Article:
Trick-or-treating is the perfect way to make magical memories with your children on Halloween. But it's not all fun and games—you also want to keep your kids safe.
In Groton, there are no specific restrictions about trick-or-treating, but Groton Sgt. Kelly Crandall says it's a good idea to have the kids out as soon as it gets dark, and get them in by about 8:30 p.m.
"We hope that people will use their best judgement and not keep the kids out too late," she said. "We tell the parents to dress their kids in bright clothing, have a flashlight, (and) always have an adult with them."
She said a lot of kids will wear masks that make it difficult for them to see, so if the eye holes are a little small, it doesn't hurt to cut them a little bigger.
She added that she tells children never to go inside a house they don't know. "If somebody says, 'My candy's in the back', don't go into it," she said.
Older children - those ages 13 and 14 - should trick-or-treat in groups, she said.
Mom Kim Estes makes it her mission to help parents keep their kids out of harm's way all year round. Estes, a certified child safety educator and sexual abuse prevention specialist, founded Savvy Parents, Safe Kids to teach parents strategies for how to be prepared and protect their children as much as possible.
Estes said parents should make sure that costumes are safe from hazards this Halloween by making a few easy modifications.
“Make sure their costumes are not too long and causing a tripping hazard, and that swords or knives are made of soft, pliable plastic because they will have a sword or knife fight with the neighbor kids," she said.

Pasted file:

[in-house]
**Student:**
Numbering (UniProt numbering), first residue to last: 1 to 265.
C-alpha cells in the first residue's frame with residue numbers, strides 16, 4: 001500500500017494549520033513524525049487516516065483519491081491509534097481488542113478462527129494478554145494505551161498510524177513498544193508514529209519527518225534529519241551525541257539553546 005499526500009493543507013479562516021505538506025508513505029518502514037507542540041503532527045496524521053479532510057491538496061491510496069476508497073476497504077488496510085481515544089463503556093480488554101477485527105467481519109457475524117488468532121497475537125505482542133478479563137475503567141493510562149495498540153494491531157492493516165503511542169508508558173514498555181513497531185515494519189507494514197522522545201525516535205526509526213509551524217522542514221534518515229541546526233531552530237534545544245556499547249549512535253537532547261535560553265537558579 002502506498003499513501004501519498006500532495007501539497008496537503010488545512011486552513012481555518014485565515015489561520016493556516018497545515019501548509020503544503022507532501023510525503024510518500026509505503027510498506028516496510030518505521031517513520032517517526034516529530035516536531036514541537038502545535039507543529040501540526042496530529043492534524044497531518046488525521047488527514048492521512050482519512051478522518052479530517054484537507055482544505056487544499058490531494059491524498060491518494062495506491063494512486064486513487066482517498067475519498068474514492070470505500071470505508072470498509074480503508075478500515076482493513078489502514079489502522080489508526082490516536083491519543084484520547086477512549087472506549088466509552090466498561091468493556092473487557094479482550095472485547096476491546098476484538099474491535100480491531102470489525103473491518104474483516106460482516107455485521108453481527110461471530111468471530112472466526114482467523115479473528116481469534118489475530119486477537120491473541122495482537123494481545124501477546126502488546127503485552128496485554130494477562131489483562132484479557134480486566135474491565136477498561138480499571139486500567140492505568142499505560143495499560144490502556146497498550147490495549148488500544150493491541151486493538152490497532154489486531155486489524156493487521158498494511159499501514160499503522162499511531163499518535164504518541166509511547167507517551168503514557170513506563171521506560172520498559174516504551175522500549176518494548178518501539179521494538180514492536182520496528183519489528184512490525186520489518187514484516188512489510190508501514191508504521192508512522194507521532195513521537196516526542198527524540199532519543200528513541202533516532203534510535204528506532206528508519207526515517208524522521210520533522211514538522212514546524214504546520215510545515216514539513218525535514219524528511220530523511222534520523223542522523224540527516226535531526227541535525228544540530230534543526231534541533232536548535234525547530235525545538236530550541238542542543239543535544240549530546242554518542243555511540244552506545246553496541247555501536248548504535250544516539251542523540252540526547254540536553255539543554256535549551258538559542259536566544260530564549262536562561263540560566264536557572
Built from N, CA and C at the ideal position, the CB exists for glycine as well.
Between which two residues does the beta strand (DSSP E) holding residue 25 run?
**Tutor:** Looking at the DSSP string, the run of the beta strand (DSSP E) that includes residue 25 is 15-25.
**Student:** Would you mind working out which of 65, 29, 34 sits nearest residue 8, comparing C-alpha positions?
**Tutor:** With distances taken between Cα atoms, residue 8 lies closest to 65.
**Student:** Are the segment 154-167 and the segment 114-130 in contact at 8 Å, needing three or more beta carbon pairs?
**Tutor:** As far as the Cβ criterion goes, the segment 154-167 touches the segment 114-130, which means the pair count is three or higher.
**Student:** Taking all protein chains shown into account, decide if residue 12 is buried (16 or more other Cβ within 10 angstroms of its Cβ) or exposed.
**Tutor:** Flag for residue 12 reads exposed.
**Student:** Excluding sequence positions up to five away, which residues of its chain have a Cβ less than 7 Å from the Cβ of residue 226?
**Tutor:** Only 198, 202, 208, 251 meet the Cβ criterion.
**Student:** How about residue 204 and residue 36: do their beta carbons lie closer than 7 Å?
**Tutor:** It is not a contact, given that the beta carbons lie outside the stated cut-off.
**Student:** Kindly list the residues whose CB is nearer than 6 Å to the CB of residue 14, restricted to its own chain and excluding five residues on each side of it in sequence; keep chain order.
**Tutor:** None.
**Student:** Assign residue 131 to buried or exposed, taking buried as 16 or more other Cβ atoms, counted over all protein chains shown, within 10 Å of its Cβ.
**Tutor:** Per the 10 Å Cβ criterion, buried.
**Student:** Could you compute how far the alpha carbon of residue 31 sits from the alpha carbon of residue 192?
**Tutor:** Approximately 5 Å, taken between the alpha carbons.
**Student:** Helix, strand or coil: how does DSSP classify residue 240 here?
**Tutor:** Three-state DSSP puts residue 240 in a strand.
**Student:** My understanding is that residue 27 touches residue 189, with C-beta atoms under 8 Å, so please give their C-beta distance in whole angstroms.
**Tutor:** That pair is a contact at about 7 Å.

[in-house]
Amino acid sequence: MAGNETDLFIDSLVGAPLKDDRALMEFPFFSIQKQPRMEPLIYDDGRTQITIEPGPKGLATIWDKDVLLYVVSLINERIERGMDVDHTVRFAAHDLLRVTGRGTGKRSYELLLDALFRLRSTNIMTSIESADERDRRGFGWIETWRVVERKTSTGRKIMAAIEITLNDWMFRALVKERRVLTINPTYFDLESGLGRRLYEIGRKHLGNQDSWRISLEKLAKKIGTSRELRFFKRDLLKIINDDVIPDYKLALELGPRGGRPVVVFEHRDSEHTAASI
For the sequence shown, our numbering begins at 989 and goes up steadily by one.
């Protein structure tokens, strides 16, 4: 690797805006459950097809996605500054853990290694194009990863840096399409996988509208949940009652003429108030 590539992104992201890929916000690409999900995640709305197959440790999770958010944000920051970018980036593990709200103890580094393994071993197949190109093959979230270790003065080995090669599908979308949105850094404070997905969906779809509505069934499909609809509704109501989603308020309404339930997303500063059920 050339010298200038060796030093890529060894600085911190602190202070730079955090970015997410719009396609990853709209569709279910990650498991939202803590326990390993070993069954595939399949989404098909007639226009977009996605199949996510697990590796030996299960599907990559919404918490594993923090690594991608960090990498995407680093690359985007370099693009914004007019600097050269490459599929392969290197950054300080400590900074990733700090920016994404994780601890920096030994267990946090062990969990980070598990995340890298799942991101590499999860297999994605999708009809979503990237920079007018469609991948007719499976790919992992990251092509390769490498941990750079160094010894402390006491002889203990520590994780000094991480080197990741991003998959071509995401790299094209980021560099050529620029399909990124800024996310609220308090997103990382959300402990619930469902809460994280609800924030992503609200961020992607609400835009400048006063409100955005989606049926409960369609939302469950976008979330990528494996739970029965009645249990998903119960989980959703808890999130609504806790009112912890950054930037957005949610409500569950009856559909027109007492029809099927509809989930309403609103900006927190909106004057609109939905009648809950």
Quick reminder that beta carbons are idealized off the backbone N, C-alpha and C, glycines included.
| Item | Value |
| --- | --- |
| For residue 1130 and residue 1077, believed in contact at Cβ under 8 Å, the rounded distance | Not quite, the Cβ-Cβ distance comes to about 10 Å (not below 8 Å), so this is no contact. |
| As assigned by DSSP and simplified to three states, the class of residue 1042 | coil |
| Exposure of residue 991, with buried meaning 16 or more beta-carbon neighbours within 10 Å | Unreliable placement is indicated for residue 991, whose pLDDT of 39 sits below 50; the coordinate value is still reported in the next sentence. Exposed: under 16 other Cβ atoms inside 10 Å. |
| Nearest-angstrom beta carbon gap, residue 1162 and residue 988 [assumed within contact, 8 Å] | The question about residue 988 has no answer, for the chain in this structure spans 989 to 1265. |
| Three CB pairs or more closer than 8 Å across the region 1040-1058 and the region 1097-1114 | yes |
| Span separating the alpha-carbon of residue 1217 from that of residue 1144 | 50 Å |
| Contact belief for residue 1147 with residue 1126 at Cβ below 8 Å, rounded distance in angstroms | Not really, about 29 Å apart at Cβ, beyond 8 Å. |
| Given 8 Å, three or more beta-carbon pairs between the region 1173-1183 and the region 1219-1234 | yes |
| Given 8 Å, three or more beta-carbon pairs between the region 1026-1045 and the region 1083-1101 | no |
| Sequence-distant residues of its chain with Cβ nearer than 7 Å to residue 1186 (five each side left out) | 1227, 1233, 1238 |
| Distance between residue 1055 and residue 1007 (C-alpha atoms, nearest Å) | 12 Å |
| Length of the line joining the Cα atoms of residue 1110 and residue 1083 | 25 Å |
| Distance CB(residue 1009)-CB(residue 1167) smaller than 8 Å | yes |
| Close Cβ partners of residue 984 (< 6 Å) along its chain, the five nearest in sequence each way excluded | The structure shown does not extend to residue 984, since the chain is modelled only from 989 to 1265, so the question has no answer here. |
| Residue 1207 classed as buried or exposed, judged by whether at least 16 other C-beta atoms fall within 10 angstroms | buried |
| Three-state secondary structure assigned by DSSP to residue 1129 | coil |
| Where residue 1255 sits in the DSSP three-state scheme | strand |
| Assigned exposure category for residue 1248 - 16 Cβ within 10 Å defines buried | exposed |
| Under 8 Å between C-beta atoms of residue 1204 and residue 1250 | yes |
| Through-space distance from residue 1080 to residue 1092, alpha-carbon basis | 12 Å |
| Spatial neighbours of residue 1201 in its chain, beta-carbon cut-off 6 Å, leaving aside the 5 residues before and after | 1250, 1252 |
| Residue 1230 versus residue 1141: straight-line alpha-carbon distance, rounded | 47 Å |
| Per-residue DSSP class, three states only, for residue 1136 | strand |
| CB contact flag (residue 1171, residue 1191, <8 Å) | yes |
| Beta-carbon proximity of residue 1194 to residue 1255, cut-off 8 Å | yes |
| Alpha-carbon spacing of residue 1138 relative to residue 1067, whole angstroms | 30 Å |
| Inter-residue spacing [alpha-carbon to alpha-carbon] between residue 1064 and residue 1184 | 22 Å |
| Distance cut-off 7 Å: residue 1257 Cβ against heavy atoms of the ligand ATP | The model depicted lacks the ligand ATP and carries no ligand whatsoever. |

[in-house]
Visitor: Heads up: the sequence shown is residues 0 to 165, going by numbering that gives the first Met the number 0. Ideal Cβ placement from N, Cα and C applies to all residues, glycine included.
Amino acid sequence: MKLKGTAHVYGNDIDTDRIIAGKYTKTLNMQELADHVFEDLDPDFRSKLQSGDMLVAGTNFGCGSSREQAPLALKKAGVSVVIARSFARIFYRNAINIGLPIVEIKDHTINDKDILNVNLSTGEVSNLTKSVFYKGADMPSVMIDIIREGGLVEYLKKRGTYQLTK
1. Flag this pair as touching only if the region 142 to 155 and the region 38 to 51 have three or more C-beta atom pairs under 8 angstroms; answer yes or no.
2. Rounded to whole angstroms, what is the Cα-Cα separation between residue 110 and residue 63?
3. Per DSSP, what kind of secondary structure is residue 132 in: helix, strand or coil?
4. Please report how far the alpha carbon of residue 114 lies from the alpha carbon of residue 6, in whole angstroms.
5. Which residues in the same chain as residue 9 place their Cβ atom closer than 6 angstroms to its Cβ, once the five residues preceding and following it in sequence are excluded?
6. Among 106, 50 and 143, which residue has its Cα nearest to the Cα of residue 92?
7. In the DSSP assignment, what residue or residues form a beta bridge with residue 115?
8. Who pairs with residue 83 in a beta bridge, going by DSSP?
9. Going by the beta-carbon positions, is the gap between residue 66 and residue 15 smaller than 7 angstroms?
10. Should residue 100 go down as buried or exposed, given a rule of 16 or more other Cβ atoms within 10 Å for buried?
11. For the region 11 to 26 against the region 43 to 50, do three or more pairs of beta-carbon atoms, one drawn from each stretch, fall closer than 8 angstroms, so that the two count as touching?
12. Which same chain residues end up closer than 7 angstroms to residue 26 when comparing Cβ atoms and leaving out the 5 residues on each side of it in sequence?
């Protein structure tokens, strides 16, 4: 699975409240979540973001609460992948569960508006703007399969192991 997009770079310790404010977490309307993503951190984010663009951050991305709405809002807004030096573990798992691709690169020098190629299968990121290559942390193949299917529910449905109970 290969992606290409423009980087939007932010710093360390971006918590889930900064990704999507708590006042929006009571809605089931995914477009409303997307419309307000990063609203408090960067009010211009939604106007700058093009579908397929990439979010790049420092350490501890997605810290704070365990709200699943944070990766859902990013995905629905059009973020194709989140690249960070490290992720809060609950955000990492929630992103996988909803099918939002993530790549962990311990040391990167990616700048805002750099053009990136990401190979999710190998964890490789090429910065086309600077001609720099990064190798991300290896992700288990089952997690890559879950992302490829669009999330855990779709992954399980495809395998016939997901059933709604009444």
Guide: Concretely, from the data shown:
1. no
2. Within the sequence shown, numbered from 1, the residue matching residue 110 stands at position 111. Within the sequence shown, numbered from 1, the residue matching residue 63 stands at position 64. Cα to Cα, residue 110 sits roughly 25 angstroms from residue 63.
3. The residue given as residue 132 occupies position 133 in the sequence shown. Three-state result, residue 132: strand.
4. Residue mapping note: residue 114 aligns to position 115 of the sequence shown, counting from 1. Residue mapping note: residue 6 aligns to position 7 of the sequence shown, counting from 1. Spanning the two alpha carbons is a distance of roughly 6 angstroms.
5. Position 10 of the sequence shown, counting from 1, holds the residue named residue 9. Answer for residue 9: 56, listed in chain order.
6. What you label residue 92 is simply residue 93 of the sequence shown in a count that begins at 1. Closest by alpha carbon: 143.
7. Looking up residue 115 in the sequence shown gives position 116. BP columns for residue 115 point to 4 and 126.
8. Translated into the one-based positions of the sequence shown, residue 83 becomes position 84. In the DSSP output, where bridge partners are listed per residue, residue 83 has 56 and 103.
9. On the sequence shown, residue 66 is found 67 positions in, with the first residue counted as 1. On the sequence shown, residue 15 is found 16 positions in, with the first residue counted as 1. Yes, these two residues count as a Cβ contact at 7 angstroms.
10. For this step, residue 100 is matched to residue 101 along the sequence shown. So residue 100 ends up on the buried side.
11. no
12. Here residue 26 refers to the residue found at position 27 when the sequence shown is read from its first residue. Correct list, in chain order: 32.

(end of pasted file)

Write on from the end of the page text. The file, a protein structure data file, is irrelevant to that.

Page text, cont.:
"I am a huge fan of reflective tape and glow-in-the-dark spray paint. Both can be purchased on sites like Amazon.com. Use the tape on the costume and use the spray paint in the street to say ‘SLOW!’ or ‘BEWARE: TRICK-OR-TREATERS.’ It goes on clear when painted and does not last long in wet weather.”
Estes said that when trick-or-treating, kids should only approach well-lit homes and should not enter any house unless accompanied by an adult that they know. They should also figure out their route ahead of time and stick to it and use the buddy system. Young children should always be accompanied by an adult, she added.
“Remind kids to be alert for vehicles, stay on the sidewalk whenever possible and look both ways before crossing,” Estes said. Older kids and teenagers should also head out with a buddy and be smart about safety, she said.
Halloween decorations can become fire hazards if used without care, Estes warned.
“Use battery-operated 'candles' in pumpkins on Halloween night. Children are not paying attention and crowd together at the front door and costumes can easily be brushed up against open flames,” she said.
Trick-or-treating with the family dog or cat can be fun, but families should take precautions, she said.
“Adults should also be careful when taking pets along when trick-or-treating, or having pets at the door when trick-or-treaters arrive. Masks and other costumes can be frightening to pets and can cause them to act aggressively if frightened," she said. "If you are unsure, test your pet's comfort level by trying on a mask and see how they respond.”
Estes recommends Wag-N-Train’s website for more Halloween safety tips for kids and pets. There are also pointers for how to stay safe and sane during the post-Halloween holidays.
Once you have a hazard-free costume put together and have reviewed safety rules with your children, it’s time to have some Halloween fun!
TELL US: Where will you be taking your children trick-or-treating? Do you have any safety tips that apply to your community? Share in the comments below.